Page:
Britain will propose revolutionary changes to the European Union today that could lead to the appointment of an influential new leader by prime ministers.
Jack Straw, the Foreign Secretary, will call for a drastic overhaul of the EU's decision-making bodies that would entrench the powers of governments and downgrade the European Commission's role.
Some EU governments, sidelined in the American-led war on terrorism and increasingly at odds with the foreign policies of President Bush, feel the need for a single voice to speak for Europe. In a keynote speech in The Hague, Mr Straw will argue for important changes to the way decisions are made.
His intervention comes ahead of next week's convention to review how Europe should adapt after 2004, when it is due to admit up to 10 new countries. It marks a clear attempt to put Britain's ideas at the heart of the debate on Europe's future, and to strengthen the Council of Ministers, the body in which member states take decisions. It reflects a growing confidence, gained from alliance-building around Europe, that Britain's vision is close to the EU's centre of gravity and that the heyday of federalism is past.
Mr Straw's speech will argue that there is a "gulf of understanding between the EU and its peoples" and that there needs to be "better decision-making, better democracy and better delivery."
In a statement of the primacy of governments over the unelected European Commission, Mr Straw will argue that "democratic accountability lies first and foremost with the Council". But he will also admit that this powerful body, little-known outside Brussels, needs urgent reform. This, he hopes, will be at the centre of the convention into the future of Europe, led by the former French president Valéry Giscard d'Estaing,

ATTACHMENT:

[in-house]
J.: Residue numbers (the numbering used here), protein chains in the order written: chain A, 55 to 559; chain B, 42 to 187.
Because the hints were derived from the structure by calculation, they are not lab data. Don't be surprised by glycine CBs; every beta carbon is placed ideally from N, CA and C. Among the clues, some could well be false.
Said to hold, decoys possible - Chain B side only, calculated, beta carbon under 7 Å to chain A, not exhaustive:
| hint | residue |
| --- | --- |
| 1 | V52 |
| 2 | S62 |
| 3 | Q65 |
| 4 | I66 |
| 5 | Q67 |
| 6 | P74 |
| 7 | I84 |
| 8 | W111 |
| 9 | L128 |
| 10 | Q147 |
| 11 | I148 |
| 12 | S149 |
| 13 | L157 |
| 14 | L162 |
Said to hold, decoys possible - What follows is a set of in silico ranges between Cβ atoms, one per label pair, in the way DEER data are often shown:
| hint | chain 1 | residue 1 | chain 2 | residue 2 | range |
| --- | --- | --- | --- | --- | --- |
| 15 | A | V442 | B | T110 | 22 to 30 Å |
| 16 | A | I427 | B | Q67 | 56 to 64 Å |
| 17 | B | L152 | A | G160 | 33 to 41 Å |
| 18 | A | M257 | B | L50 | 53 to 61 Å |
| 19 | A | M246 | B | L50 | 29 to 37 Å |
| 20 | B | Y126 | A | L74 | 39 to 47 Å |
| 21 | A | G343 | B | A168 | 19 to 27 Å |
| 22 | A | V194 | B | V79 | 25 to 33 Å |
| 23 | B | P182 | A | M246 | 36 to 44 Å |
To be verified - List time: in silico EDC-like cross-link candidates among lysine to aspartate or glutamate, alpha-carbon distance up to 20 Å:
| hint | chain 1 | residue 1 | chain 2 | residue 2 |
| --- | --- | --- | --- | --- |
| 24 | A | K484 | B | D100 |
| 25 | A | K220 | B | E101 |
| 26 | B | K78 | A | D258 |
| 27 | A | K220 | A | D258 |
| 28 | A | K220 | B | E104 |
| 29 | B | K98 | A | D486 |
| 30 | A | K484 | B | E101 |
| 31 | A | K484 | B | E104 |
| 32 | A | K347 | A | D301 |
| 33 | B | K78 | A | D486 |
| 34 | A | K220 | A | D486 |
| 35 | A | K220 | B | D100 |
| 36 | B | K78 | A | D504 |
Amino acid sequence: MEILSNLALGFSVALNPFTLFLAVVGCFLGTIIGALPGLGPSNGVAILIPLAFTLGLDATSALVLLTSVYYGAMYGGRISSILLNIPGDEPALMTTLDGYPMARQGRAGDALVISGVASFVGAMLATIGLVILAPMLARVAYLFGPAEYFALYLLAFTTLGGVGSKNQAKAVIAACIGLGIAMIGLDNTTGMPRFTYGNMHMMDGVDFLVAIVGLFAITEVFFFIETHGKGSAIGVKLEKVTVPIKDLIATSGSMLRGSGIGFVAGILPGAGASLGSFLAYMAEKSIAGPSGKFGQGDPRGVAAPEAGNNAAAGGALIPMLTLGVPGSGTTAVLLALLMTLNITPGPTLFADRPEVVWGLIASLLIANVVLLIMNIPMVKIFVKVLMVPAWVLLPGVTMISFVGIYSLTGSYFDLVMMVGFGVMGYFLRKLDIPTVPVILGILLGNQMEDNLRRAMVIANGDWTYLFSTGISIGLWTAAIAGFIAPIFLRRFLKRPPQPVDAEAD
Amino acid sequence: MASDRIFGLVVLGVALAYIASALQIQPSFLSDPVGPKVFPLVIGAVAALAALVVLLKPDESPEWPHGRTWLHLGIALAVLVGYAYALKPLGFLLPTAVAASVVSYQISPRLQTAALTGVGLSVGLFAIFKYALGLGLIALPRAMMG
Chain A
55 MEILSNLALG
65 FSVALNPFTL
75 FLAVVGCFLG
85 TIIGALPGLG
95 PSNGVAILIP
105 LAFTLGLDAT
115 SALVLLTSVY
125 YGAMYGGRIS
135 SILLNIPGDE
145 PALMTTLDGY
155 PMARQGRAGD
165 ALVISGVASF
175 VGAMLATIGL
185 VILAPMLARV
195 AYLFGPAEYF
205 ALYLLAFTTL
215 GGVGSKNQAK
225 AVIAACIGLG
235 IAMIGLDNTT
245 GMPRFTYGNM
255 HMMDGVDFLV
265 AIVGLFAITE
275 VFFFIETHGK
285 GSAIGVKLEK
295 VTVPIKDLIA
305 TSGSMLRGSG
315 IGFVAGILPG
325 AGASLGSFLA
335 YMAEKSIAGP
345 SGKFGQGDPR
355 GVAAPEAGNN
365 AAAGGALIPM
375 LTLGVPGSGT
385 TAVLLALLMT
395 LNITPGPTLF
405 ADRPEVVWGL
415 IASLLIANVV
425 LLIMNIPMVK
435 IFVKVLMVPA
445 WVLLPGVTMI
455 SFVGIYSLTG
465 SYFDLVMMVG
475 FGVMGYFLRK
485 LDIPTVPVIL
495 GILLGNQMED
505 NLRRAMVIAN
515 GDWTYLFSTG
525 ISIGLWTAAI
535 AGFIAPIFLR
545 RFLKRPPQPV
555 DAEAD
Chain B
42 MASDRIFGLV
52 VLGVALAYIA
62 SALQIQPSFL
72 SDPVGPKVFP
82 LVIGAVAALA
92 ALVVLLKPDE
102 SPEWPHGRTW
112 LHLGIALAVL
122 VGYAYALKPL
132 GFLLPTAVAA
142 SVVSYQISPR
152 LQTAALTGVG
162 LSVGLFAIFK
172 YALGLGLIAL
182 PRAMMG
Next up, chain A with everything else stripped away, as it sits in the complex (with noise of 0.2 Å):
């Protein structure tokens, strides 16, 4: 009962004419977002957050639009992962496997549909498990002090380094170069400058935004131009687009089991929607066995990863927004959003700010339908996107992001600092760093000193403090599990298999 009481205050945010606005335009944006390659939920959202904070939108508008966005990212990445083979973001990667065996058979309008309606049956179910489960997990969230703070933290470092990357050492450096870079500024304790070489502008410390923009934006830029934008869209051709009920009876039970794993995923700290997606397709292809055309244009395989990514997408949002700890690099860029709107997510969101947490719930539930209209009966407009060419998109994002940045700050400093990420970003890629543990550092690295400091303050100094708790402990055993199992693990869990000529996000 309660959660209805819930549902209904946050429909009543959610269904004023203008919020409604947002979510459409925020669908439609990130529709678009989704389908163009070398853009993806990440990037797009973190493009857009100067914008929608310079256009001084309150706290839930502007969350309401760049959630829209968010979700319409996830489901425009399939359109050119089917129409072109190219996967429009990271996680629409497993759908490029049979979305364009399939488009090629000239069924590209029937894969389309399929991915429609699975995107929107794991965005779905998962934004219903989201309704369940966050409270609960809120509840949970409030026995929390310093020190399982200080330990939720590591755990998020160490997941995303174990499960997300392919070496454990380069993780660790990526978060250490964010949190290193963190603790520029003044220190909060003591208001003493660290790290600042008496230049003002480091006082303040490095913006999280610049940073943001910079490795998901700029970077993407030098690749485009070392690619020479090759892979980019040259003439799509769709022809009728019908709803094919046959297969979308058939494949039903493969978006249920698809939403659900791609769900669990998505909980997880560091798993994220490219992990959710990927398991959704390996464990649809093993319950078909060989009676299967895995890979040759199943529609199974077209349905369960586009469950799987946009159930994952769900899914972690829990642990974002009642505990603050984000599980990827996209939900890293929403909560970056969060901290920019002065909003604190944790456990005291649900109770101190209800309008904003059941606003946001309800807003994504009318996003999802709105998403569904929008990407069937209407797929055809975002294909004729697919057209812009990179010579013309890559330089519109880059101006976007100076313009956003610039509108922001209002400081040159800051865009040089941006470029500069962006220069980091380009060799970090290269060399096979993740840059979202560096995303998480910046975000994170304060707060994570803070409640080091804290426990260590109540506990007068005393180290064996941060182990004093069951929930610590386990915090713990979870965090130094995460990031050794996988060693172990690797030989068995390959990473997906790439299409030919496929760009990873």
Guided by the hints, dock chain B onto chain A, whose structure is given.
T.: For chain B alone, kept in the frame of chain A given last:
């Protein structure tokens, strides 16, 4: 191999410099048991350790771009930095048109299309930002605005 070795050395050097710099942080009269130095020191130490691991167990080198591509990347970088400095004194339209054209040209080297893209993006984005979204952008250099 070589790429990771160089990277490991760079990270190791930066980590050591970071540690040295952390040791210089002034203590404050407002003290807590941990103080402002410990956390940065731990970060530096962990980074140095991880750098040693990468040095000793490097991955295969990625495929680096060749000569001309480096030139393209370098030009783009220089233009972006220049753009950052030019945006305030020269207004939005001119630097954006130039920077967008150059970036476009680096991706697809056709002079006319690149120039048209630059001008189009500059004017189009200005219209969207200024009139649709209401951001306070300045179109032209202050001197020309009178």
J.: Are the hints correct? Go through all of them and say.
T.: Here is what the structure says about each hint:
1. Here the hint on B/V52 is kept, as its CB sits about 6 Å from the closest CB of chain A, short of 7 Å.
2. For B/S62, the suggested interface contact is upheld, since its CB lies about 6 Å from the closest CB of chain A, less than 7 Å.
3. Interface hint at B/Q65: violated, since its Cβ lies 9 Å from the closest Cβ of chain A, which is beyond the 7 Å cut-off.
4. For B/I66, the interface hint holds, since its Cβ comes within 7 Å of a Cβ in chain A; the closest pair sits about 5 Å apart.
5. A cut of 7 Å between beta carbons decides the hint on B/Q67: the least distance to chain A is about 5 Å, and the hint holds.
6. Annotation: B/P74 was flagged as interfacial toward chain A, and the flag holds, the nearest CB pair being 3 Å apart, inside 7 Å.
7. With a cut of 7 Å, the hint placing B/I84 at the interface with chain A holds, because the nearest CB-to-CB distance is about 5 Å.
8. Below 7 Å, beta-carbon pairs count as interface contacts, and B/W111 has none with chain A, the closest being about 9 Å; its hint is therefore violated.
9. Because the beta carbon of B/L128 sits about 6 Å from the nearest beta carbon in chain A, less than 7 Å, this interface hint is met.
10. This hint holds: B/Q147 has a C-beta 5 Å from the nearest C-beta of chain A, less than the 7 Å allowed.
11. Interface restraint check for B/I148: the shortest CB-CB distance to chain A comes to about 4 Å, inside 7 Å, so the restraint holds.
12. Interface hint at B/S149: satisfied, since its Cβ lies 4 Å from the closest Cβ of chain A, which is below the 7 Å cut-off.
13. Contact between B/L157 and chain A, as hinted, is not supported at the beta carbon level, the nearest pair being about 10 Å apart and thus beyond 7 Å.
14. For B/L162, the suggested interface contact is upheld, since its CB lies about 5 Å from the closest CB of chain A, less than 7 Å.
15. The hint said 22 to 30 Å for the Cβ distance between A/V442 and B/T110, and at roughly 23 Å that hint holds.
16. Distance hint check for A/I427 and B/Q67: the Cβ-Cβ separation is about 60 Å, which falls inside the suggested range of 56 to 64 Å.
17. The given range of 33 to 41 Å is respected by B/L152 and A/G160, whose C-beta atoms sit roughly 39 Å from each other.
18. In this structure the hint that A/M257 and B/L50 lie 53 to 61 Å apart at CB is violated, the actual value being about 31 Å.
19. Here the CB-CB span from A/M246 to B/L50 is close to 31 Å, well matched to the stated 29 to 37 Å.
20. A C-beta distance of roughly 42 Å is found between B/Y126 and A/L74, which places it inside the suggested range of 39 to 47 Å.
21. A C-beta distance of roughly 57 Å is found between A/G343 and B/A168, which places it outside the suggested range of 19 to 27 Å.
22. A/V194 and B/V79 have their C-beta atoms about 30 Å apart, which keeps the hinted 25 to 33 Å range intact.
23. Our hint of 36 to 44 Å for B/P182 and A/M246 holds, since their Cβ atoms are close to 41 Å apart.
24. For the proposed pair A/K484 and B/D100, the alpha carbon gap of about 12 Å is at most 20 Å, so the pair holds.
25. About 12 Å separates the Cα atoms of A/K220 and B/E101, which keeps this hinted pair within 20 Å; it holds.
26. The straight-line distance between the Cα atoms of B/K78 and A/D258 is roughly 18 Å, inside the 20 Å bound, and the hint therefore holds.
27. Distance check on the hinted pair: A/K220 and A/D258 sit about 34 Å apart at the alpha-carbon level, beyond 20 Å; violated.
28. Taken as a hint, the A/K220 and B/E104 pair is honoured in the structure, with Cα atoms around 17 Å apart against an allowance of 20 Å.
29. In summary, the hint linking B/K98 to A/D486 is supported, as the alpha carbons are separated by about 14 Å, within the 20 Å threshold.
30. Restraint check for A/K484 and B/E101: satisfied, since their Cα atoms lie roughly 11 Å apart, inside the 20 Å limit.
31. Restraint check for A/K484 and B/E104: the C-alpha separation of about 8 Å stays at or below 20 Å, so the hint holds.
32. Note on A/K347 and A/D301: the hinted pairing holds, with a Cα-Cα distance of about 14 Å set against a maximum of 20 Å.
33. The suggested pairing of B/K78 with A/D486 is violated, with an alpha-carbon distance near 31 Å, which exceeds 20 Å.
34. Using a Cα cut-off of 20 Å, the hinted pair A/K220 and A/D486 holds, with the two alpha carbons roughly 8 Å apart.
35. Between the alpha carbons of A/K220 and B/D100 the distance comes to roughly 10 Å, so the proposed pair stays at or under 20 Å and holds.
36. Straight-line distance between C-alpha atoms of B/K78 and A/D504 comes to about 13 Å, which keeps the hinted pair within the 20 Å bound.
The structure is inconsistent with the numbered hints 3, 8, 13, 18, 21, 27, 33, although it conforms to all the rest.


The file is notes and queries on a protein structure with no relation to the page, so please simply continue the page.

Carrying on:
At present, ministers from each of the 15 member states sit in specialist councils, meeting regularly in Brussels or Luxembourg to take decisions in a host of areas from agriculture to foreign affairs. These are chaired by the minister from the country holding the EU presidency (currently Spain), which rotates every six months.
With 15 ministers around the table, this system is already becoming sclerotic, and Mr Straw will argue that, as the EU expands, there will be an "ever-increasing burden on the presidency system".
Under the Straw proposal, each council would elect a president to serve for two and a half years, providing much more continuity than the current six-month span. The presidents of each council would also sit on a new, powerful steering committee, which would have the job of co-ordinating the whole range of policy areas.
Mr Straw will raise the prospect that heads of government who meet at summits could choose a chairman – either a current or a former head of government – who could become the most powerful figure in the EU. Finally, the Council would set priorities in an annual work programme.
While the Government says that it also wants to strengthen the European Commission, that is unlikely to be the end result of the Straw proposals, and one Whitehall source said that "ultimately it is the Council that is running the show."
Britain wants a smaller, leaner European Commission and, although no figures will be mentioned, envisages a team of about a dozen. And it wants to beef up the commitment to subsidiarity, a concept under which the EU should only undertake tasks that cannot be performed better at a national level.
Mr Straw would like to see either a second chamber of the European Parliament to police this concept, or the European Court of Justice being given new powers to strike down legislation that breaches the principle.
Simon Murphy, the leader of Labour's MEPs, hailed the ideas as "nothing short of revolutionary." They would "radically change the way governments do business in Europe", he added.Reuse content